Communicating and changing human behaviour for biodiversity conservation
To be most effective, conservation decisions need to consider people’s values, attitudes and behaviours. We are therefore interested in understanding these human elements of biodiversity conservation in order to inform public and stakeholder engagement strategies.
We use three approaches to explore this human side of conservation: behaviour change, strategic communications (including message framing), and education.
Examples of questions we are currently working on:
Prioritising human behaviours and behavioural interventions for more effective conservation on a local and national scale? (Matthew Selinske, Postdoctoral researcher)
What are the environmental and cultural benefits of reconnecting primary school students with local biodiversity and cultural heritage? (Natasha Ward, Michael Harrison, Sarah Bekessy) Link to NESP project description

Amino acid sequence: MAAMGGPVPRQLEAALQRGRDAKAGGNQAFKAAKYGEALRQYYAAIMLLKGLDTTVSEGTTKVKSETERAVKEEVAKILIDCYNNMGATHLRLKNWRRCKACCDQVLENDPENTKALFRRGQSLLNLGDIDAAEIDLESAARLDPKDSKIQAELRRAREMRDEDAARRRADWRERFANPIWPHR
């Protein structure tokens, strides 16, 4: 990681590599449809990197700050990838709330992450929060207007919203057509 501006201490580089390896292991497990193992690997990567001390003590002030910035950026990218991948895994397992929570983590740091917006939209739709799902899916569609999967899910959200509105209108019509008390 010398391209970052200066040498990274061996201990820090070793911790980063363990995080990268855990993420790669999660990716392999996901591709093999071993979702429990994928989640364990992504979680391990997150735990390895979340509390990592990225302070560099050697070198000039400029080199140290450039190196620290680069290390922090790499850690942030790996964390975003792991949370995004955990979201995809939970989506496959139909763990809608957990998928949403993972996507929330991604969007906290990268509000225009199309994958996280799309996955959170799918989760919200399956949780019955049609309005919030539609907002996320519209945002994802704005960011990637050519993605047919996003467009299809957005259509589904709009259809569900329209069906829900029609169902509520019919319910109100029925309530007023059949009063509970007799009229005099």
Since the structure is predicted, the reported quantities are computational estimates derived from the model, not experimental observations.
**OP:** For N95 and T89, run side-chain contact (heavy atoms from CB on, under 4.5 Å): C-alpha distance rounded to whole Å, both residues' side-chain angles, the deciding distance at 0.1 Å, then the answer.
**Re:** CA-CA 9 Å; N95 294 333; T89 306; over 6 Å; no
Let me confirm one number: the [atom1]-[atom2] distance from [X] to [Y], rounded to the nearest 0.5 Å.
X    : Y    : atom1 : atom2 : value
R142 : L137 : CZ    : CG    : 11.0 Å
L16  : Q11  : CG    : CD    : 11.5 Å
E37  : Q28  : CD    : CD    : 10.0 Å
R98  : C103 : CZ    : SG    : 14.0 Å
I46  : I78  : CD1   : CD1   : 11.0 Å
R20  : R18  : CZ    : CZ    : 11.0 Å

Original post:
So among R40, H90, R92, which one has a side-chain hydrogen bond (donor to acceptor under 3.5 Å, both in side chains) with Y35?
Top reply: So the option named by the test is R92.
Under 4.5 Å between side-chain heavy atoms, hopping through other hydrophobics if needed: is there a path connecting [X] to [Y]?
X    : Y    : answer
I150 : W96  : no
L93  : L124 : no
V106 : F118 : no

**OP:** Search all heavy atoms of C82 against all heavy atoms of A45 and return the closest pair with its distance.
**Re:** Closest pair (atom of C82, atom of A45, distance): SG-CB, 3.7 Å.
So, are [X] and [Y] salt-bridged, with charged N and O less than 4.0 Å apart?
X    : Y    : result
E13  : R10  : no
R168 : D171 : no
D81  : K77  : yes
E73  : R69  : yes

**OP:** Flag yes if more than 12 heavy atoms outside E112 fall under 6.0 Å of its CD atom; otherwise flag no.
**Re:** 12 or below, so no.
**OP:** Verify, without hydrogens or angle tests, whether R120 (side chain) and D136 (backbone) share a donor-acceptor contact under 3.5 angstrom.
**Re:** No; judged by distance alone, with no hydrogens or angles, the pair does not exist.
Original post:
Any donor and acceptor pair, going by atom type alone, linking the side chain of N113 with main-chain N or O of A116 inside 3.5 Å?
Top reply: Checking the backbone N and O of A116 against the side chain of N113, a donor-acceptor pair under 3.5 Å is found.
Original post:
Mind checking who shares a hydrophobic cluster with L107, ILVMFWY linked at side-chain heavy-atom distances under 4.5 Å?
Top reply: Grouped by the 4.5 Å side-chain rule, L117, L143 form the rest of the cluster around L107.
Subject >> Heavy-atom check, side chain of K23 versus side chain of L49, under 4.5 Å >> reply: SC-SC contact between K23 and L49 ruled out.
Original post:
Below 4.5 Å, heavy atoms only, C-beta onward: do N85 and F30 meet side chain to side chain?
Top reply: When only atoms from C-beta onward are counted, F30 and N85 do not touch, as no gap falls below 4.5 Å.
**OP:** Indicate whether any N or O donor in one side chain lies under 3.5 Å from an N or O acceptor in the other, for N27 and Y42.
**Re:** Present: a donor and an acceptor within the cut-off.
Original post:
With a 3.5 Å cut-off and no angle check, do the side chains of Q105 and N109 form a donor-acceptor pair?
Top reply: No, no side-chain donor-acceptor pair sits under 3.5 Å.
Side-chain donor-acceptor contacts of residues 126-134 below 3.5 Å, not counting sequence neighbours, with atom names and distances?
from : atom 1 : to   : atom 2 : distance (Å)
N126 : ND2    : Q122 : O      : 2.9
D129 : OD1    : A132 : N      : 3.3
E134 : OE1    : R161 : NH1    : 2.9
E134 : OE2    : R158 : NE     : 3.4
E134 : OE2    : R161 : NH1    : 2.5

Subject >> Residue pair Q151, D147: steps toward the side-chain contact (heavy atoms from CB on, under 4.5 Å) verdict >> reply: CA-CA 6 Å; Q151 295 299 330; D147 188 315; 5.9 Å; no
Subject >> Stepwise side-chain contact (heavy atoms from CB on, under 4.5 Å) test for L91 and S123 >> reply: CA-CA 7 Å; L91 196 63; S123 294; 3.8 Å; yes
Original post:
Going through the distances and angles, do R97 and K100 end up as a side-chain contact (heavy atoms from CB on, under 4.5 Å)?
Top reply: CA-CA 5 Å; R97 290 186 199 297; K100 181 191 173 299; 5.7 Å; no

Message framing for biodiversity conservation (Alex Kusmanoff)
Are optimistic or pessimistic messages more effective in inspiring behaviour change? (Lindall Kidd, PhD candidate)
How can we be more strategic about planning and designing conservation messages? (Emily Gregg, PhD candidate)
NESP Project factsheets
Messaging matters: A systemic review of conservation messaging literature
Improving communication and community buy-in to threatened species conservation
Prioritising human behaviours for biodiversity
How Victorians can act for nature https://www.ari.vic.gov.au/research/people-and-nature/how-victorians-can-act-for-nature
This theme was supported by the NESP Threatened Species Recovery Hub (Project 6.3) and the ARC Centre of Excellence for Environmental Decisions.
ICON team members head across the Pacific
For a while it seemed as if travel was a thing of the past – workshops, conferences and meetings all pivoted online. Whilst this was
PhD Opportunity: Nature as medicine: can a dose of the outdoors cure loneliness?
PhD Advertisement: Nature as medicine: can a dose of the outdoors cure loneliness? Description: This PhD is part of an NHMRC/European Commission funded project exploring